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García Pérez de Vargas (Siglo XIII)

García Pérez de Vargas

Sevilla's under siege, that jewel of the Moors.
That city is the goal of great Castilla's corps.
That shining gem on great Guadalquivir's bright shore
great deeds does witness, stuff of legend, song and lore.

For sixteen months the Moor and Christian hosts do fight.
For now I tell the tale of one good Christian knight.
Garcia Perez, liege of Vargas, left and right
does wield the sword and lance and send the foe to flight.

One day the good knight rides patrol with but one squire.
Along the river's edge they meet with Moorish ire,
for seven paynims, with their weapons gleaming fire,
attack the pair, surrounding on three sides entire.

The squire's courage fails him all, for young was he.
He spurs his horse to flight but turns 'round once to see
his master's visor closed, the lance at rest, ready.
Garcia Perez will not yield, he will not flee.

The Knight of Vargas charges full; he holds naught back.
The seven Moors do marvel much at this attack.
They recognize his shield's device, their courage slacks.
The Moors retreat behind their line and bivouac.

As he returns to camp, the Lord of Vargas notes
his lady's scarf's no longer tied about his throat.
He rides in search of it, his chances quite remote.
Deep into Moorish lands he rides, much time devotes.

He runs across the seven Moors he'd met that day.
The scarf they'd found and looped around a spear displayed.
"Base caitiffs, stand your ground! My lady's pledge convey!"
He shouts and spurs his mount full forward to a fray.

When Don Garcia next returns to camp alone,
the scarf, his lady's favor, 'round his neck is thrown.
His head is bare, his sword is red, and thus bestrewn
around his pommel seven turbans are windblown.


Garcia Perez de Vargas was one of perhaps 24 Castilian knights and their men who followed Fernando III in his last great campaign to take Sevilla. They started from Córdoba in 1246, followed the Guadalquivir and took all of the cities between Córdoba and Sevilla, arriving near the city walls in July of 1247. Much of their fighting took place on the river with boats as well as on land. They effectively cut off all supply routes and lay siege until November of 1248, when the city faced starvation and capitulated. A romance (pronounced roh-MAHN-seh), the Spanish equivalent of a ballad, was written of de Vargas' exploits, but I was only able to find a translation of a fragment. The above is my own composition of that story, in English, written in a variation of a style of poetry, consisting of four-line stanzas of alexandrines, used largely by the intellectual and clerical class of 13th century Castille.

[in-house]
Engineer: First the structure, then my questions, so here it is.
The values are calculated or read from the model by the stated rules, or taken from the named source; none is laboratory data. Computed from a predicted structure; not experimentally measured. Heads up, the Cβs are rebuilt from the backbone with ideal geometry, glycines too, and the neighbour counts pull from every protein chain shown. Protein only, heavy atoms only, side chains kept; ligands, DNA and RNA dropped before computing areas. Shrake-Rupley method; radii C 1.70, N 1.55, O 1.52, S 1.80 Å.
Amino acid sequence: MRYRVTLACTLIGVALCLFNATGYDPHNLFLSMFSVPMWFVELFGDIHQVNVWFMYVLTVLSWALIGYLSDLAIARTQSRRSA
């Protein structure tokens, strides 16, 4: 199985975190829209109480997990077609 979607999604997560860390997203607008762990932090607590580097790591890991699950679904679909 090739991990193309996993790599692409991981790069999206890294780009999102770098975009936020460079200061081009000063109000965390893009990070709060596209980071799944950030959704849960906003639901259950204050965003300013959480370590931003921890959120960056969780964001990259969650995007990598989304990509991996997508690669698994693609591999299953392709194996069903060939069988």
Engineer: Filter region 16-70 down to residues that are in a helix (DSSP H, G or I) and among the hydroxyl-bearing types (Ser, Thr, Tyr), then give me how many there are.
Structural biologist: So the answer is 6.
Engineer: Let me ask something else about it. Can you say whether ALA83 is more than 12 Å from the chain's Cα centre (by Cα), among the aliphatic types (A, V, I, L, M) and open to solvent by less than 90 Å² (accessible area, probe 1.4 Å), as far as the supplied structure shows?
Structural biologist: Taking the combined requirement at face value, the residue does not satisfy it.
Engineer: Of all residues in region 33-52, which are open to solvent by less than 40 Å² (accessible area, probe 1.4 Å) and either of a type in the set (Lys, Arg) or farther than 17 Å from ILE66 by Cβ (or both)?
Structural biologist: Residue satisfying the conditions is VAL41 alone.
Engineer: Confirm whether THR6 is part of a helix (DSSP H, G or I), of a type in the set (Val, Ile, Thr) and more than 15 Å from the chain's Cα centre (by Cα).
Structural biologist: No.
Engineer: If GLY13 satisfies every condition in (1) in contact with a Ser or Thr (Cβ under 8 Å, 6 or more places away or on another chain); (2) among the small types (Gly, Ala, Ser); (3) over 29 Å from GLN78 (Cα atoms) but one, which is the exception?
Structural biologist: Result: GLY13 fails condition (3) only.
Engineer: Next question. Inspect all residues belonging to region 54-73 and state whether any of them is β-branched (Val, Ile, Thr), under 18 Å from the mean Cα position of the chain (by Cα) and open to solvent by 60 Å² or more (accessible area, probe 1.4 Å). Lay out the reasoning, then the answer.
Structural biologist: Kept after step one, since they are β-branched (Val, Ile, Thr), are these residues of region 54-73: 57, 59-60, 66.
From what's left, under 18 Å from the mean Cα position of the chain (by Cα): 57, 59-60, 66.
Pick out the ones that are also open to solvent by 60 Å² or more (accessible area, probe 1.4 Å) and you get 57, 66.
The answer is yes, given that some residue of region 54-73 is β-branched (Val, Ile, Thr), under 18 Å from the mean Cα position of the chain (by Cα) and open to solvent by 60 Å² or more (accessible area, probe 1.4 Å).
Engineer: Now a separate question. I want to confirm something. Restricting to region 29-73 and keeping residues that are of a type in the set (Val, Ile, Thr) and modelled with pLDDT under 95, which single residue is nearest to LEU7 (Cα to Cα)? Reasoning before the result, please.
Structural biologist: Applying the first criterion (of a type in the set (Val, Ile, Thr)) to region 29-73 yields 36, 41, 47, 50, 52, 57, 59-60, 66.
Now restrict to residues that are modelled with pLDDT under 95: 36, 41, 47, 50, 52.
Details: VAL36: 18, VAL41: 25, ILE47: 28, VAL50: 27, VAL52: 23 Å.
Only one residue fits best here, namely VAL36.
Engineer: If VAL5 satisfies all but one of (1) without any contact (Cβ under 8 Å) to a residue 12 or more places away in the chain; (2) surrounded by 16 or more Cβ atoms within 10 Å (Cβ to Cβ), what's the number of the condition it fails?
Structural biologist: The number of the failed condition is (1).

• Florit, Eugenio. Spanish Poetry: A Selection. Dover Publications: New York, 1965, p. 2. ISBN: 0-486-22673-5
  • O'Callaghan, Joseph F. A History of Medieval Spain. Cornell University Press: Ithaca, NY, 1975, 4th printing 1992, p. 353. ISBN: 0-8014-9264-5.
  • Spence, Lewis. Myths and Legends: Spain. Bracken Books: London, 1985, p. 236-237. ISBN: 1-85891-042-0.

Post Script: This poem was entered in the poetry competition of Kingdoms Crusades in Atlantia and was one point shy of third place.

Fuente: Internet. © Ana Ravaya de Guzman. Texto: D.R.

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